Björk - Vulnicura
It’s not an easy listen, but a brave, beautiful and affecting album.
Björk’s last album, 2011’s ‘Biophilia’, was a multimedia project examining the connections between nature, sound and technology – or “the universe”, as she succinctly put it. It became known as an “app” album and it wasn’t a gimmick. It made a powerful (and fun) statement about how the 49-year-old’s home country, Iceland, could be run after the financial crisis, instantly making almost everyone else operating in the field of popular music seem a bit thick.
‘Vulnicura’, her eighth full-length, appears to forgo the grand gesture by concentrating on the personal within a very established format – the breakup album. But as Björk herself said on Facebook when the record was rush-released on 20th January (a consequence of it leaking the weekend previous), “First I was worried it would be too self-indulgent, but then I felt it might make it even more universal.”
Opener ‘Stonemilker’ is set, according to the liner notes, nine months before her breakup from American artist Matthew Barney – father of her second child. On it, Björk sings, “I better document this”. Perhaps what’s most shocking about ‘Vulnicura’ is not that it’s a traditional, straightforward set of songs (that’s just Björk not repeating herself), but how true a document of real life it is. There’s less allegory and metaphor in the lyrics than usual, resulting in Barney getting a very direct kicking. Communicating with him is like “milking a stone” she sings on ‘Stonemilker’; by ‘Black Lake’ – set two months after the breakup – she’s bored of his “apocalyptic obsessions” and accusing him abandoning their family.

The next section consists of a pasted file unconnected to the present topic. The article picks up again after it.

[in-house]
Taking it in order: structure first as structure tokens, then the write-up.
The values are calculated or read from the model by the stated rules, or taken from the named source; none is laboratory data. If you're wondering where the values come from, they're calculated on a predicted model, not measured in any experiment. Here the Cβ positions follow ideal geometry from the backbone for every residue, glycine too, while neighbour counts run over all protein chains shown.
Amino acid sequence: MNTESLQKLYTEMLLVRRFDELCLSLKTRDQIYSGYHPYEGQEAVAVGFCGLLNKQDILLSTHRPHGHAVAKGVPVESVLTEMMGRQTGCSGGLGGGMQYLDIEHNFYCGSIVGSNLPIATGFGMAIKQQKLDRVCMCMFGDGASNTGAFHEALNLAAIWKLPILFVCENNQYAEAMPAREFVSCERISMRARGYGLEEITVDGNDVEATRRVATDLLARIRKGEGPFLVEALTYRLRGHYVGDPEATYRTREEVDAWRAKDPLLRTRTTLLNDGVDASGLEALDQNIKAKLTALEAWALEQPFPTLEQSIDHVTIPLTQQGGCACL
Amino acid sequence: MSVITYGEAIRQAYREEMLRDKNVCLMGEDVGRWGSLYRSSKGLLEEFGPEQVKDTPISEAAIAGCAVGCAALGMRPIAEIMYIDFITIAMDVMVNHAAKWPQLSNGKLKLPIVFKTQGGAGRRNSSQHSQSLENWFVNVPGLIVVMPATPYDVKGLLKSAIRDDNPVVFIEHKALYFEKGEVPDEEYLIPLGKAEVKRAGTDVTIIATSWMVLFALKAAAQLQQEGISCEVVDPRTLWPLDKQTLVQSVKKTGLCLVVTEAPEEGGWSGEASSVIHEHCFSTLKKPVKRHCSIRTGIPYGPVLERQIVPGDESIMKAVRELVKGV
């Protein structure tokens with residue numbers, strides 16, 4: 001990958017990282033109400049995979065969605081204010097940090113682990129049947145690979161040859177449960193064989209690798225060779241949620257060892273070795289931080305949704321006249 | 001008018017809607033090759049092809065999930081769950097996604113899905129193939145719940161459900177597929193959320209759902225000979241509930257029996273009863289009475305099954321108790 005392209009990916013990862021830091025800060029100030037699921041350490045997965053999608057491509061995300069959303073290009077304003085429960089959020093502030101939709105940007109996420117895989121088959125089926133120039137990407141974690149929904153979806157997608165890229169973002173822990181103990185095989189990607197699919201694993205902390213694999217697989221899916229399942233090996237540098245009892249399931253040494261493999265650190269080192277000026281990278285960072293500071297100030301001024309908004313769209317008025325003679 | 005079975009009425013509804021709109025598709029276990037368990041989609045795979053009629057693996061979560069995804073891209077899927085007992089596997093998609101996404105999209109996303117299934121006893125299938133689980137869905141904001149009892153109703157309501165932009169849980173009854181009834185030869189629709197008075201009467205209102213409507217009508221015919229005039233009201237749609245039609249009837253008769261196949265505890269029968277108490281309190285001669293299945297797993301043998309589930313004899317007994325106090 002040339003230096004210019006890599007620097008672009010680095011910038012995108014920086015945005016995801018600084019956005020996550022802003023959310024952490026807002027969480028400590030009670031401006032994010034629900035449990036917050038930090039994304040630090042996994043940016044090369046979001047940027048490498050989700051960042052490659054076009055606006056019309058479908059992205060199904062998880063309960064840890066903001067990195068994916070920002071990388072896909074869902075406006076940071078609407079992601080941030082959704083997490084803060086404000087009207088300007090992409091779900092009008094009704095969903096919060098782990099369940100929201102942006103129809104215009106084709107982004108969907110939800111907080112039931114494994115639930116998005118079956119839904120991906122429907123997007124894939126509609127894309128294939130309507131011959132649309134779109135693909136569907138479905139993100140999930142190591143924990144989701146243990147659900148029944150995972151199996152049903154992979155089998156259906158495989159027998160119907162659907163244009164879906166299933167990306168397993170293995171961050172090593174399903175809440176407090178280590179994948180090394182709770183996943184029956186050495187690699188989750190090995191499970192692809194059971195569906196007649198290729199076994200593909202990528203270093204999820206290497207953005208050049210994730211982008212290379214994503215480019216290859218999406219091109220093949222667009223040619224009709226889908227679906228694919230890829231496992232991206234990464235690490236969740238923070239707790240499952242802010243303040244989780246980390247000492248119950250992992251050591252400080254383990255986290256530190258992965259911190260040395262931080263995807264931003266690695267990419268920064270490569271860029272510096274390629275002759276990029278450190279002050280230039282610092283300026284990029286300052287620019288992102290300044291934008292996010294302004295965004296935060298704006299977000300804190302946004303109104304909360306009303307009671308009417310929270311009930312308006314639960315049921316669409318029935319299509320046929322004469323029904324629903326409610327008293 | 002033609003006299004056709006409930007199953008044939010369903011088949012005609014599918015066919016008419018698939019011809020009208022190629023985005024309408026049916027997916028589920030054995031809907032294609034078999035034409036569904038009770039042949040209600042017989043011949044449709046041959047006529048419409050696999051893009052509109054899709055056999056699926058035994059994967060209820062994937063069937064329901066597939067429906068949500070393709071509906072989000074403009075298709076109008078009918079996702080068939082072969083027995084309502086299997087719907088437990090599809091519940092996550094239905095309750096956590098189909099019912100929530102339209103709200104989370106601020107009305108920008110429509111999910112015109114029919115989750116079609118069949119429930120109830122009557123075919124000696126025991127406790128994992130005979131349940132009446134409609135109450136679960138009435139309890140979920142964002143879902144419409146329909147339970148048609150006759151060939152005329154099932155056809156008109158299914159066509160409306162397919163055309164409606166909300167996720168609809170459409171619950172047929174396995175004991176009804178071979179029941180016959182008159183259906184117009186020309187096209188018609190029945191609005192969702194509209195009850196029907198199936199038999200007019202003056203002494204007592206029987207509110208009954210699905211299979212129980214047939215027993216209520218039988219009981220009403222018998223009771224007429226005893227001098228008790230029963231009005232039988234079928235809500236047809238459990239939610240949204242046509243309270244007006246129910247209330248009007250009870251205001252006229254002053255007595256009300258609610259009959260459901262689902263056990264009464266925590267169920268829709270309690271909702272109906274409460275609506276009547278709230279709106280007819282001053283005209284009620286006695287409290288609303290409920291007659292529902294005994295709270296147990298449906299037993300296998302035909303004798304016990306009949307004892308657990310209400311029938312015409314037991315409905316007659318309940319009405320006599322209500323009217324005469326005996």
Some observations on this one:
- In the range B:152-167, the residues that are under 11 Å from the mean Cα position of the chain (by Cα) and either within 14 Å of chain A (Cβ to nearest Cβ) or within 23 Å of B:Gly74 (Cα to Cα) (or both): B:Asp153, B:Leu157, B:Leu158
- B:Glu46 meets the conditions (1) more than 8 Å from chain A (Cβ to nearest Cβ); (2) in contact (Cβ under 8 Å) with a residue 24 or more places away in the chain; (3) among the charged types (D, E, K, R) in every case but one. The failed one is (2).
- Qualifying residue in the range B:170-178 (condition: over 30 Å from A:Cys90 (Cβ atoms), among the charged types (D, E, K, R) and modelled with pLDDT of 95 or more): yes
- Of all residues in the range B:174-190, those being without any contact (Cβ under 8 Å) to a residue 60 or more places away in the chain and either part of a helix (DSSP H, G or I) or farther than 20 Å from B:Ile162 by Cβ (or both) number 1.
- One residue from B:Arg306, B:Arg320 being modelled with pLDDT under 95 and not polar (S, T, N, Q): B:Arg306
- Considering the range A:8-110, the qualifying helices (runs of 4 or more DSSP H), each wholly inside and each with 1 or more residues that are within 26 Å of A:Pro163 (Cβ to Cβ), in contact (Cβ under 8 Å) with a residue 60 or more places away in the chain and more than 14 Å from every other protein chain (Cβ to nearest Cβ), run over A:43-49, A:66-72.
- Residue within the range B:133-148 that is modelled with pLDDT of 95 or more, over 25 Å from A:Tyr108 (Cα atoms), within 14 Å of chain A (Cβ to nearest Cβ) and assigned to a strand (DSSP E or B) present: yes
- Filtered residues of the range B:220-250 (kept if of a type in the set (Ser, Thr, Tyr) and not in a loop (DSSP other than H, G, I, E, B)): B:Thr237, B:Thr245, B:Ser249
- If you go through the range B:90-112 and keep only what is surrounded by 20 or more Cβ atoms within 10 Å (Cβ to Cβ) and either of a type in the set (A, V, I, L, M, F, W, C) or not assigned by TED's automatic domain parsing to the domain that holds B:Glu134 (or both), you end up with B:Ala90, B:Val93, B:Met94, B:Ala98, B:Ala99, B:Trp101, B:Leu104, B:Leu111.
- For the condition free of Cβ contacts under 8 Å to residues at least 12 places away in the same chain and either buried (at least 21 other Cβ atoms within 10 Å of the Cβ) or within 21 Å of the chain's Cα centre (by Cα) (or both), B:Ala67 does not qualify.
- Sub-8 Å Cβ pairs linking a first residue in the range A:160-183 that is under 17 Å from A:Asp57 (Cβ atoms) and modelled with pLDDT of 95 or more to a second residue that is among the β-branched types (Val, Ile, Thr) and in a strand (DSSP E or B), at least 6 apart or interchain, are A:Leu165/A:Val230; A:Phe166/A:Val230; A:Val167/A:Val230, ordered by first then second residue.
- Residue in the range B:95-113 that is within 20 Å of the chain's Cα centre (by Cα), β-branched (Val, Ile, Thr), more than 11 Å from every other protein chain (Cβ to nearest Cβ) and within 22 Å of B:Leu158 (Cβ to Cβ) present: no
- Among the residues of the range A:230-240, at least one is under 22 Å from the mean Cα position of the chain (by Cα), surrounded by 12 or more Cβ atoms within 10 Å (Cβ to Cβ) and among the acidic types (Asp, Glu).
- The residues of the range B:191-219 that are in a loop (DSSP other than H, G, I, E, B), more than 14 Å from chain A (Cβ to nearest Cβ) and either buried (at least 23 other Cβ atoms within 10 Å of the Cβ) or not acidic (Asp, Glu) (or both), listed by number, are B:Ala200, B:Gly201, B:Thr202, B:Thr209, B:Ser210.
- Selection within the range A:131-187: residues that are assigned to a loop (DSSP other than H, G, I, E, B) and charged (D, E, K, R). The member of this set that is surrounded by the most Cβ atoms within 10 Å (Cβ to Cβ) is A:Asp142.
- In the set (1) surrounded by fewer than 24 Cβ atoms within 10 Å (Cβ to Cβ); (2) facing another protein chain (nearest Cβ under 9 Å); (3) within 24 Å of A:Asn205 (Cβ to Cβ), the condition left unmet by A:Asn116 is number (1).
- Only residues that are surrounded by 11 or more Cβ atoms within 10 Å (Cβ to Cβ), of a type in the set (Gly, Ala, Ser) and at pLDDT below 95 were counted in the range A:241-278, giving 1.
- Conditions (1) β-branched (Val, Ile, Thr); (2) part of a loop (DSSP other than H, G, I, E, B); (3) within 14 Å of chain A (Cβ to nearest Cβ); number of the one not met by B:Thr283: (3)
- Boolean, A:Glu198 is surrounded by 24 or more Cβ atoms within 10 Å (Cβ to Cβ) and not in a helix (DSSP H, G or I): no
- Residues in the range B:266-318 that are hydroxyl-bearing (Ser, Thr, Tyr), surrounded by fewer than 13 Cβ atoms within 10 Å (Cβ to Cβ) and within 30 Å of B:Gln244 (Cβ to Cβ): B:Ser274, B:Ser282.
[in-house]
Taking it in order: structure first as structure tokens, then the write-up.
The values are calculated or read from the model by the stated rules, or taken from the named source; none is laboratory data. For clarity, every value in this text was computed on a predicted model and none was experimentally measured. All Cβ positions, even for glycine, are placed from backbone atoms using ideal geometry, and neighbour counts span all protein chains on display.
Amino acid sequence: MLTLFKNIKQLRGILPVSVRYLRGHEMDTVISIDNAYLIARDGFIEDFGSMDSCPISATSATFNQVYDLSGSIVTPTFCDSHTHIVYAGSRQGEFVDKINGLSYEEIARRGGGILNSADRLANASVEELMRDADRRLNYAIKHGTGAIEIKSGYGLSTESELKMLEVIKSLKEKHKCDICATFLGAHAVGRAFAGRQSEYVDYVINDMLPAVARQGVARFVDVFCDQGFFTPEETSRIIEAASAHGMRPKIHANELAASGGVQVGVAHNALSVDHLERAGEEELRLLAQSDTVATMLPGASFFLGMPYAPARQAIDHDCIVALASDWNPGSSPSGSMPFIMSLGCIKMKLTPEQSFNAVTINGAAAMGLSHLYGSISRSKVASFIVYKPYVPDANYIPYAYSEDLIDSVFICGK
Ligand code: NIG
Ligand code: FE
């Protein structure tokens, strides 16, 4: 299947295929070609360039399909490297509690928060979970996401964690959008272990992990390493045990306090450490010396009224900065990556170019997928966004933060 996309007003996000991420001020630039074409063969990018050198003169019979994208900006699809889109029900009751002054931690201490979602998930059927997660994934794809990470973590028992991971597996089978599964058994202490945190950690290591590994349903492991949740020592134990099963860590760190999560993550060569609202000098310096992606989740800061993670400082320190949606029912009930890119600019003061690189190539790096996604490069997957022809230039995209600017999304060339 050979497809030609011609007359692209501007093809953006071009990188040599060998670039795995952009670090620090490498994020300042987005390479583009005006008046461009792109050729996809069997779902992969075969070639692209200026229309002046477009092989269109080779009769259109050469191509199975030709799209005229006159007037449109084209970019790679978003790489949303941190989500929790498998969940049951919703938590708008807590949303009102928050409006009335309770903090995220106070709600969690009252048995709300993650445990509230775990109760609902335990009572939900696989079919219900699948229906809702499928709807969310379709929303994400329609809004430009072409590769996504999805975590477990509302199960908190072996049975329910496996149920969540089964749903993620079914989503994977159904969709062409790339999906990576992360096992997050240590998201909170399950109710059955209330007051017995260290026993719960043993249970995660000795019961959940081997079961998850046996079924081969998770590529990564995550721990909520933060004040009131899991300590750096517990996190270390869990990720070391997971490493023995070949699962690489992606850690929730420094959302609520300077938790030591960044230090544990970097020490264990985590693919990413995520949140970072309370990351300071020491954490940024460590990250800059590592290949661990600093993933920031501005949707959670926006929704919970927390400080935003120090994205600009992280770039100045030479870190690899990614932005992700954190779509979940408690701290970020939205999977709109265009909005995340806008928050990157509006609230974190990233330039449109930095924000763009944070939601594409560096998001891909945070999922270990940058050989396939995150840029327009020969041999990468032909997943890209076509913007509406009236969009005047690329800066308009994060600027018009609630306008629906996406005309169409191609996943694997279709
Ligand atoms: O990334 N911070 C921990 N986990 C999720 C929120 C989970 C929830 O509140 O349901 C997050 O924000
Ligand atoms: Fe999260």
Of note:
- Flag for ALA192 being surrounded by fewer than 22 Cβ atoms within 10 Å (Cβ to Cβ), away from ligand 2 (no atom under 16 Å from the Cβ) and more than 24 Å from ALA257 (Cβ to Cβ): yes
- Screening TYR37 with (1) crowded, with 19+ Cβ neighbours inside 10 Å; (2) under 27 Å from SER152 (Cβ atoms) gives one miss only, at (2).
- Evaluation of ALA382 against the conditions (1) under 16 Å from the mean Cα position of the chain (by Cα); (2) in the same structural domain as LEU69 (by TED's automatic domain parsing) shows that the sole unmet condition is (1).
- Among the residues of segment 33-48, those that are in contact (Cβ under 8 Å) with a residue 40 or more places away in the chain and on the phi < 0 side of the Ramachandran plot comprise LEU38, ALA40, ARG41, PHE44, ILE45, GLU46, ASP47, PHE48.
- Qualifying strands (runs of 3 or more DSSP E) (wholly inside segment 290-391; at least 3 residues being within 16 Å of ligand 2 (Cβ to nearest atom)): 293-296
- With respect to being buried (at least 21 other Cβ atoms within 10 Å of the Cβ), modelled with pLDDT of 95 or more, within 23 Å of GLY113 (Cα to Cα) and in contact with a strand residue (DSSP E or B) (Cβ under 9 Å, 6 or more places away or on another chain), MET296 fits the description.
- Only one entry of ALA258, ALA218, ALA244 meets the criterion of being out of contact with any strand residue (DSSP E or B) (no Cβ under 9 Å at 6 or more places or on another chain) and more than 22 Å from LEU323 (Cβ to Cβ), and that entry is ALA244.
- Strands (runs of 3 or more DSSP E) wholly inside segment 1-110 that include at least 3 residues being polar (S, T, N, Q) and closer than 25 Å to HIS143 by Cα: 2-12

So raw is the lyrical narrative (it ends ambiguously with three undated tracks that offer no real resolution, but some optimism), it almost distracts from how clever and detailed the musical backdrop is. Masterful string arrangements by Björk (‘Lionsong’, ‘Family’) express matters of the heart with the same candour as the words, while Venezuelan producer Arca’s fractured, difficult beats (‘Lionsong’, ‘Notget’) – often in uncommon time signatures – reflect the disruption to Björk’s real-life rhythm. It’s not an easy listen, but a brave, beautiful and affecting album – an attempt to find order in chaos that, as she wishes for it, offers a “crutch” to the heartbroken.